Wall Street Journal: God at the Grammys: The Chosen Ones
... When this year's Grammy winners accept their awards on Sunday night, God is likely to be thanked and praised more than a few times. It's a longstanding showbiz tradition, after all, prevalent at the Oscars, the Emmys and even the AVN Awards for adult movies. Until I began interviewing many of the winners of these awards two decades ago, I thought this was a sign of humility and gratitude (or at least an affectation of them). But the truth is more interesting than that.
Before they were famous, many of the biggest pop stars in the world believed that God wanted them to be famous, that this was his plan for them, just as it was his plan for the rest of us not to be famous. Conversely, many equally talented but slightly less famous musicians I've interviewed felt their success was accidental or undeserved—and soon after fell out of the limelight.
As I compiled and analyzed these interviews for my new book, I reached a surprising conclusion: Believing that God wants you to be famous actually improves your chances of being famous. Of course, from the standpoint of traditional theology, even in the Calvinistic world of predestination, God is much more concerned with the fate of an individual's soul than his or her secular success, and one's destiny is unknowable. So what's helping these stars is not so much religion as belief—specifically, the belief that God favors their own personal, temporal success over that of almost everyone else. ...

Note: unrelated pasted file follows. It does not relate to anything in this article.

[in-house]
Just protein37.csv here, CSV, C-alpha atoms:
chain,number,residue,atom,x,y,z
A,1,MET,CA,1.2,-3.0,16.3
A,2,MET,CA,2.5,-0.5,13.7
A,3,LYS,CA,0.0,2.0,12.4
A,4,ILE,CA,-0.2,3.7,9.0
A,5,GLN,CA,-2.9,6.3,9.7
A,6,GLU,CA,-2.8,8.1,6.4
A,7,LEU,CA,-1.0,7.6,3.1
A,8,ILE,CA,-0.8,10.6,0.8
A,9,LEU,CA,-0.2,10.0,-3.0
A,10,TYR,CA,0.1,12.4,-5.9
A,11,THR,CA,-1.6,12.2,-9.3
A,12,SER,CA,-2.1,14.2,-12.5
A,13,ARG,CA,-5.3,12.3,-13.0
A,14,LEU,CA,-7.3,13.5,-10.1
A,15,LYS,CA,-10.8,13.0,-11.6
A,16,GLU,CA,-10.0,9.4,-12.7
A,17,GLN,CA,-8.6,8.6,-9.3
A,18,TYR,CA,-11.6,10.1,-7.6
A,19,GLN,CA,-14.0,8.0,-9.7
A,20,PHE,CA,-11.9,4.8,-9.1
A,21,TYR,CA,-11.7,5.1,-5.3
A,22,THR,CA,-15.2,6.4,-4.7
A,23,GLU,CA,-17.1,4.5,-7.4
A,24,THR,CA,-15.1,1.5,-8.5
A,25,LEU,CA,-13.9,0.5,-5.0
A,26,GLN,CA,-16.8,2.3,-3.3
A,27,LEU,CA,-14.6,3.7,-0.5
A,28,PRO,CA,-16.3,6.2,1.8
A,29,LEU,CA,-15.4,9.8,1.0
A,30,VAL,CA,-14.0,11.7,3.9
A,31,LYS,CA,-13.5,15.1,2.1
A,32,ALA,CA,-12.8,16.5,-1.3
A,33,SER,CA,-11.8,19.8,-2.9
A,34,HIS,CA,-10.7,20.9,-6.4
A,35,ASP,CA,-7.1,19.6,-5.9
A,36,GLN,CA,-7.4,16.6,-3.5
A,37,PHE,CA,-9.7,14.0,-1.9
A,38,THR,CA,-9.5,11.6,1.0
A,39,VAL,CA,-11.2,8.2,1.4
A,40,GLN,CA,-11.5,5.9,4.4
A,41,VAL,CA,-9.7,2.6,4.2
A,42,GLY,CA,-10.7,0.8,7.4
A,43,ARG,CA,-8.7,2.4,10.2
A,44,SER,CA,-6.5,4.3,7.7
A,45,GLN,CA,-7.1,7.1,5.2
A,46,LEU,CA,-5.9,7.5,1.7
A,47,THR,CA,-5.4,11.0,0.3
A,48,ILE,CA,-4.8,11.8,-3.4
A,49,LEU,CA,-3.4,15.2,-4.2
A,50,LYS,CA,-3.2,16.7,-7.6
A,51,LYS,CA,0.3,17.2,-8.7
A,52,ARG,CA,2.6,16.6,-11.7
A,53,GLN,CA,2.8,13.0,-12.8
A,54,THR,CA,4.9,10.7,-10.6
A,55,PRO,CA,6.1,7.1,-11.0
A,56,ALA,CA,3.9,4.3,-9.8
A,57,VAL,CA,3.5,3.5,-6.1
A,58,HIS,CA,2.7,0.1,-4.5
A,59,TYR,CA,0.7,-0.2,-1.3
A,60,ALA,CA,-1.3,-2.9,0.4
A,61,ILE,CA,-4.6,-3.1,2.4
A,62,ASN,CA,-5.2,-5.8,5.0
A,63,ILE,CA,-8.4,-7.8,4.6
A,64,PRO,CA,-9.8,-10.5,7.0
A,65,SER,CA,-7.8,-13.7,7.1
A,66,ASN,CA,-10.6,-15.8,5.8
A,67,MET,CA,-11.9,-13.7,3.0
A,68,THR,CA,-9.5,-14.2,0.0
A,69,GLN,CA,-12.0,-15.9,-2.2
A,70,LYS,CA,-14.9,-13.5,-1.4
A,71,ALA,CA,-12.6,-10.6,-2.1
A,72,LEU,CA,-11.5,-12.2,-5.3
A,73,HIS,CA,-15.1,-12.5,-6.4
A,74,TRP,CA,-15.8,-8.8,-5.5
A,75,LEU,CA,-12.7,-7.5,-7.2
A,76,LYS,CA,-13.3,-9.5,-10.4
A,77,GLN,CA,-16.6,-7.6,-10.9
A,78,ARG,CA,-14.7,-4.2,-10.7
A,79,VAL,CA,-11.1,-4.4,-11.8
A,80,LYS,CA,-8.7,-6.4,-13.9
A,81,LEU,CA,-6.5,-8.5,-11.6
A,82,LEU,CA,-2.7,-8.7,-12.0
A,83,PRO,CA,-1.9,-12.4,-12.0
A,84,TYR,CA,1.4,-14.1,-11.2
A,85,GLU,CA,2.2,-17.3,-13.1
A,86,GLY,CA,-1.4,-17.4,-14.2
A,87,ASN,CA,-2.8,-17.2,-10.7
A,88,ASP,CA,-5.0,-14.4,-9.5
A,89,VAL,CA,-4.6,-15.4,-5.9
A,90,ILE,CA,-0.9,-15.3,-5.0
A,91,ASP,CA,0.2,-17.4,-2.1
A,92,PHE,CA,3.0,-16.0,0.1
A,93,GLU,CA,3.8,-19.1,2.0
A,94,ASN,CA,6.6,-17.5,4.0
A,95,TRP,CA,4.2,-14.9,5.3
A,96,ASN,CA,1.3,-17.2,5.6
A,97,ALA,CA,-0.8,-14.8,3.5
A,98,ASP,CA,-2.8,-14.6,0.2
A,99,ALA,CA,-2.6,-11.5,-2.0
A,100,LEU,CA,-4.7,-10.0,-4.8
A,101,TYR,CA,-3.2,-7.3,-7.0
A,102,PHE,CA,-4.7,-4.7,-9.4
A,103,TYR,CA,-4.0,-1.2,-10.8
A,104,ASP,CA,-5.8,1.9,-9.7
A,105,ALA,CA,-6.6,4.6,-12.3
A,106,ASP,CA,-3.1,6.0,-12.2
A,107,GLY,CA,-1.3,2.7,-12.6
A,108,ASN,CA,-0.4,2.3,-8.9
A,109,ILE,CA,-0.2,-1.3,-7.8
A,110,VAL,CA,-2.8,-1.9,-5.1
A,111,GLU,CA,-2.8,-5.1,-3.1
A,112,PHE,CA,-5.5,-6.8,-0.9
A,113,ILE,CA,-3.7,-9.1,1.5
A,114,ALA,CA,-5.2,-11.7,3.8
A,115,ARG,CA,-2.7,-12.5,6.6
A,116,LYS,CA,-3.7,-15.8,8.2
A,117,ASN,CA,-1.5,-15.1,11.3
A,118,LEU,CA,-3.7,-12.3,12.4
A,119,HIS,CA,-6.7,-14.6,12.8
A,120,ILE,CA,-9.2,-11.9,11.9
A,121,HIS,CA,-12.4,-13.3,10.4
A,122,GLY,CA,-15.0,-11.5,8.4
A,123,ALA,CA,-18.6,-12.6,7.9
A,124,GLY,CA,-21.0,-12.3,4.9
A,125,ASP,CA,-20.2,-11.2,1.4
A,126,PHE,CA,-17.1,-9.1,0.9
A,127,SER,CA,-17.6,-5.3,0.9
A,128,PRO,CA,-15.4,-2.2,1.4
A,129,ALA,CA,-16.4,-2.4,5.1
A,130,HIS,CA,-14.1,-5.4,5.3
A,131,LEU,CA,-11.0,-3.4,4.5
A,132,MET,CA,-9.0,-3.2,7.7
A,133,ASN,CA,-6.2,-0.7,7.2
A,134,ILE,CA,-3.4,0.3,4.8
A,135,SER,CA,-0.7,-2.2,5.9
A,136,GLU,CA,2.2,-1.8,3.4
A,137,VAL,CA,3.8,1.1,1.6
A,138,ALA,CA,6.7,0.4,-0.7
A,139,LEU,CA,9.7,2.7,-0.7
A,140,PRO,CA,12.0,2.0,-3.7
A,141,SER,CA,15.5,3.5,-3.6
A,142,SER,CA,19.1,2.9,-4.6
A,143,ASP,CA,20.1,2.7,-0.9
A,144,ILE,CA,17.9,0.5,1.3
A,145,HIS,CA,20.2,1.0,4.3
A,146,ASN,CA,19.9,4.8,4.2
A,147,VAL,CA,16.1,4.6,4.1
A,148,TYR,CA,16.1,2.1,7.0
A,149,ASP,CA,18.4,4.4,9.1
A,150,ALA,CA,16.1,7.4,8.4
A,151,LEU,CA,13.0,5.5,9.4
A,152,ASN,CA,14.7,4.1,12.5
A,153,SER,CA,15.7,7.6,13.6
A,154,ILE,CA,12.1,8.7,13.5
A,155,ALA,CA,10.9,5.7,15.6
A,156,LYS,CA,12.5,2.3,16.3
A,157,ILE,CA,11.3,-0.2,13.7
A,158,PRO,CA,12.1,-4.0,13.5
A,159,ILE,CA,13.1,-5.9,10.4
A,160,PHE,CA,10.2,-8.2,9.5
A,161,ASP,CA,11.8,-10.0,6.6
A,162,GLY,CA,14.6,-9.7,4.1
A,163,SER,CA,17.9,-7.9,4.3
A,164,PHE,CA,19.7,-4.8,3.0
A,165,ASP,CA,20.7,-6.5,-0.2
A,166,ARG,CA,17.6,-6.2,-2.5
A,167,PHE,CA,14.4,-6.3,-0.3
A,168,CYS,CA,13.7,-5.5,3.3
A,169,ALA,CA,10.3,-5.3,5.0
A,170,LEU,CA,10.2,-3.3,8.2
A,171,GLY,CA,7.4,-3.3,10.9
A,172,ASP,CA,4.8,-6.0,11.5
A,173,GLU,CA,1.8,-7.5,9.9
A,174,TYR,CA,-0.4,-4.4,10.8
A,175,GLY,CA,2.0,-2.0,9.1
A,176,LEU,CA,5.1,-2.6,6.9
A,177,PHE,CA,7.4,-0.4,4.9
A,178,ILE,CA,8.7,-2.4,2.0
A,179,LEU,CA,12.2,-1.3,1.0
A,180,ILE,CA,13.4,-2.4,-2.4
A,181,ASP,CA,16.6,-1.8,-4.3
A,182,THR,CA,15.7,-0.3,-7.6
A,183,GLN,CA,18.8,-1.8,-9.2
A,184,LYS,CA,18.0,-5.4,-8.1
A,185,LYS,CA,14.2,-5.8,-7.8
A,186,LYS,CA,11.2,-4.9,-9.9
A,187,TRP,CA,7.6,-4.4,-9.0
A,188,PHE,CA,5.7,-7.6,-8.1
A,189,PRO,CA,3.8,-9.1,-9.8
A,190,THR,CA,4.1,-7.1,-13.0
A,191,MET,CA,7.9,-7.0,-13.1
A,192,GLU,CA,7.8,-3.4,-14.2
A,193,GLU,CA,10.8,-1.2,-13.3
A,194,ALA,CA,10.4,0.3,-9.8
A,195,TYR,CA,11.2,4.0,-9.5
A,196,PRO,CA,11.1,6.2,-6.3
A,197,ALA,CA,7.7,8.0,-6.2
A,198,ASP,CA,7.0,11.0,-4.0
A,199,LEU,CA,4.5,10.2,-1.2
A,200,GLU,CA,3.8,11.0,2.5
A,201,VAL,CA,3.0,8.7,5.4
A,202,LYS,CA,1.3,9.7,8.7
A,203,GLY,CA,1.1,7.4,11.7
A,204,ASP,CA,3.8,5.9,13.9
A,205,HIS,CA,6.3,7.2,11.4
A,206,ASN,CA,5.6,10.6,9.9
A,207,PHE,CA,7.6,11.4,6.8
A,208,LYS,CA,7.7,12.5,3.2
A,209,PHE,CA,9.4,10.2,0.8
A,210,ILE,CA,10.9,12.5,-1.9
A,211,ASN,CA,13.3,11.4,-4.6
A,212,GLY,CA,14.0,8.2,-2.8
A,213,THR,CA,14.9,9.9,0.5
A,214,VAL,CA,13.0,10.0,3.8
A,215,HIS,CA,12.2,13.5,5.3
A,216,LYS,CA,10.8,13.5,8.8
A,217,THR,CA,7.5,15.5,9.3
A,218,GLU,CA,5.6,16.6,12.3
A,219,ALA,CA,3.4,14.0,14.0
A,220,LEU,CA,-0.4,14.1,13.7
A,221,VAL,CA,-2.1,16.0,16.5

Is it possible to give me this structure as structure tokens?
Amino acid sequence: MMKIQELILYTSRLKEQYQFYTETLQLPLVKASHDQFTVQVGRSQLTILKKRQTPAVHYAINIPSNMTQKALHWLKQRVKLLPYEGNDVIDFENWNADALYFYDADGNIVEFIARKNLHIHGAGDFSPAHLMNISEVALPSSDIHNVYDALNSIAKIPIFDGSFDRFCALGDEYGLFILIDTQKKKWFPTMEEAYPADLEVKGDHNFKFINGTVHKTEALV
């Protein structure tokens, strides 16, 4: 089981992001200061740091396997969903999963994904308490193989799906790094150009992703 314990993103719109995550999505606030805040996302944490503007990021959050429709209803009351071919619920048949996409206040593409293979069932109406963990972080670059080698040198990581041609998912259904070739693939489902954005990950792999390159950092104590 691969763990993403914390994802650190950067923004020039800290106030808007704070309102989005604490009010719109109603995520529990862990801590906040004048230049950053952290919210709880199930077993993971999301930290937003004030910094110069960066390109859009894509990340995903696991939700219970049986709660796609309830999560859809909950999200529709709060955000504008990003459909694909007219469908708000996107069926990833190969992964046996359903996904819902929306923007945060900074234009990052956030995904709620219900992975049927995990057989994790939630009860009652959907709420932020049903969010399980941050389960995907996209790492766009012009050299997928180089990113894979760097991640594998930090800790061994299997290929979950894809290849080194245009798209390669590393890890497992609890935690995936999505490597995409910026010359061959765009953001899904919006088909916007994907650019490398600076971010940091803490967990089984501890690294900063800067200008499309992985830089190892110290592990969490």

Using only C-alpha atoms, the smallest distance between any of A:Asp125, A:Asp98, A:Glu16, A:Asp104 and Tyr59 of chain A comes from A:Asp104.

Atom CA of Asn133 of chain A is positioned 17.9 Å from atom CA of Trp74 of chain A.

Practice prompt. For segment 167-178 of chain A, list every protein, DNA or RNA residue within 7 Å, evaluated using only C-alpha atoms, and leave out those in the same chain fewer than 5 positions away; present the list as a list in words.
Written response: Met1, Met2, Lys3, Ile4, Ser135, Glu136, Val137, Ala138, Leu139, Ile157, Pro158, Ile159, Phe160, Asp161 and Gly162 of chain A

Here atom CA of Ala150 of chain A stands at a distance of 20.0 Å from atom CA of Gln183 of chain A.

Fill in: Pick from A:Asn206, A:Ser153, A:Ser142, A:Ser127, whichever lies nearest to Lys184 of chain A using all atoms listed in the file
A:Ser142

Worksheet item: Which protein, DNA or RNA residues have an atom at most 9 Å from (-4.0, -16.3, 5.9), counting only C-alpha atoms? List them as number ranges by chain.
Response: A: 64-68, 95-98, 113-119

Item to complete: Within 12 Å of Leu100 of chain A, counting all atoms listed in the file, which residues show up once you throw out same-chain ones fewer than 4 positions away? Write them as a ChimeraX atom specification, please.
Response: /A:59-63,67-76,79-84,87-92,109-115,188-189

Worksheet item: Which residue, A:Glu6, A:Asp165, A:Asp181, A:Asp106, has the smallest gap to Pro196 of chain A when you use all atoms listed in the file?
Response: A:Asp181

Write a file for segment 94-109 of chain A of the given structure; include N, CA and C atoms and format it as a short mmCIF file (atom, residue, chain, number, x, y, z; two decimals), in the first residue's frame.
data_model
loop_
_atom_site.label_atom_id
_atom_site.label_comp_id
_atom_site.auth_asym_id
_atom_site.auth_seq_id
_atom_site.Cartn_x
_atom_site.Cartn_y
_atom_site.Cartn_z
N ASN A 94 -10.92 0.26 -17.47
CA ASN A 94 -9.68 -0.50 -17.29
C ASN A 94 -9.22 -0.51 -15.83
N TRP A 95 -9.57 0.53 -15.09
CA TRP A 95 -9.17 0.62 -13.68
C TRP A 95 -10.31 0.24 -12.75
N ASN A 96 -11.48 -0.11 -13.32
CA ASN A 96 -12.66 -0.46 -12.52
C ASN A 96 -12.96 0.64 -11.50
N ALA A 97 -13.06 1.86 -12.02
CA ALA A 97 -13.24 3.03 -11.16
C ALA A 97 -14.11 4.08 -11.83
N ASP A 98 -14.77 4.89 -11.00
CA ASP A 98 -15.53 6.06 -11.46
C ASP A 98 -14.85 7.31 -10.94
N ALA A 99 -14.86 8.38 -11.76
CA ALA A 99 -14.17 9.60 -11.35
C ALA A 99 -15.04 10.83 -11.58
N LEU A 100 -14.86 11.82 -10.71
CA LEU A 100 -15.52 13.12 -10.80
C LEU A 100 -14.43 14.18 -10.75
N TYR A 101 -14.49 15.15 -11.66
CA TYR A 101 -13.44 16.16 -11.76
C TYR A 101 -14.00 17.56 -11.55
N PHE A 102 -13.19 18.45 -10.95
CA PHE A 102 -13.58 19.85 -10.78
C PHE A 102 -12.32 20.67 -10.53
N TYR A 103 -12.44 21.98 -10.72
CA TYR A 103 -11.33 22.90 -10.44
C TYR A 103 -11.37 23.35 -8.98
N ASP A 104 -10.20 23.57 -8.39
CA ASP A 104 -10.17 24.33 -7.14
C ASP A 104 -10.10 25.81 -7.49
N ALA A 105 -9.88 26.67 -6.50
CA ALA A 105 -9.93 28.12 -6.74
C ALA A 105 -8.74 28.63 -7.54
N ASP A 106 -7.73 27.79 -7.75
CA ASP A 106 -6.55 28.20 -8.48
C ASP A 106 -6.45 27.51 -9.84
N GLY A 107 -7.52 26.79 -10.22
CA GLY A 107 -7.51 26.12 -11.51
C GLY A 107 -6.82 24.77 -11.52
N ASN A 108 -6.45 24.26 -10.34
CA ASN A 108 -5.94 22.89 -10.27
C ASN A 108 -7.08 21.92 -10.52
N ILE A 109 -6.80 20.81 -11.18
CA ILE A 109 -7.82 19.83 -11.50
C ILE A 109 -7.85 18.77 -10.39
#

... This hardly proves that there is a God guiding the destiny of these stars. But it does suggest that unshakable confidence and a powerful sense of purpose are good predictors of success. Look at Justin Bieber, who released a single two months ago titled "Pray" and seemed untouched when getting booed recently by fans at a New York Knicks game. Or consider the derision heaped on Ms. Aguilera for botching the national anthem at the Super Bowl. If an unknown singer had made the same mistake, most people would have felt sorry for her.
But the more successful you get, the faster, louder and more savage the criticism becomes. To deal with the psychological burden of becoming a household name and the attacks that come with it, it helps to be thick-skinned. It helps even more to have a sense of divine mission and to feel that, when everyone else seems to be against you, God is walking at your side. Most stars who feel even a sliver of doubt about being in the spotlight will buckle under the constant pressure. Fearing criticism or failure, they become risk-averse and pass up opportunities.
The hip-hop mogul Diddy, for example, has been in and out of courtrooms over the years, facing charges for assault, gun possession and bribery—yet he continually bounces back with a new name and a new career. When I asked him if he ever felt fear, he replied, "My faith is in God. Like, look who I'm rolling with. Look who my gang really is. My gang is God. Come on, now, I don't have fear."
The meek may indeed inherit the Earth, but until then, stars who are presumptuous enough to see themselves as God's chosen ones are likely to dominate the pop charts, award shows and sports championships. Talent counts for a lot, but so too does the motivating power of divine conviction.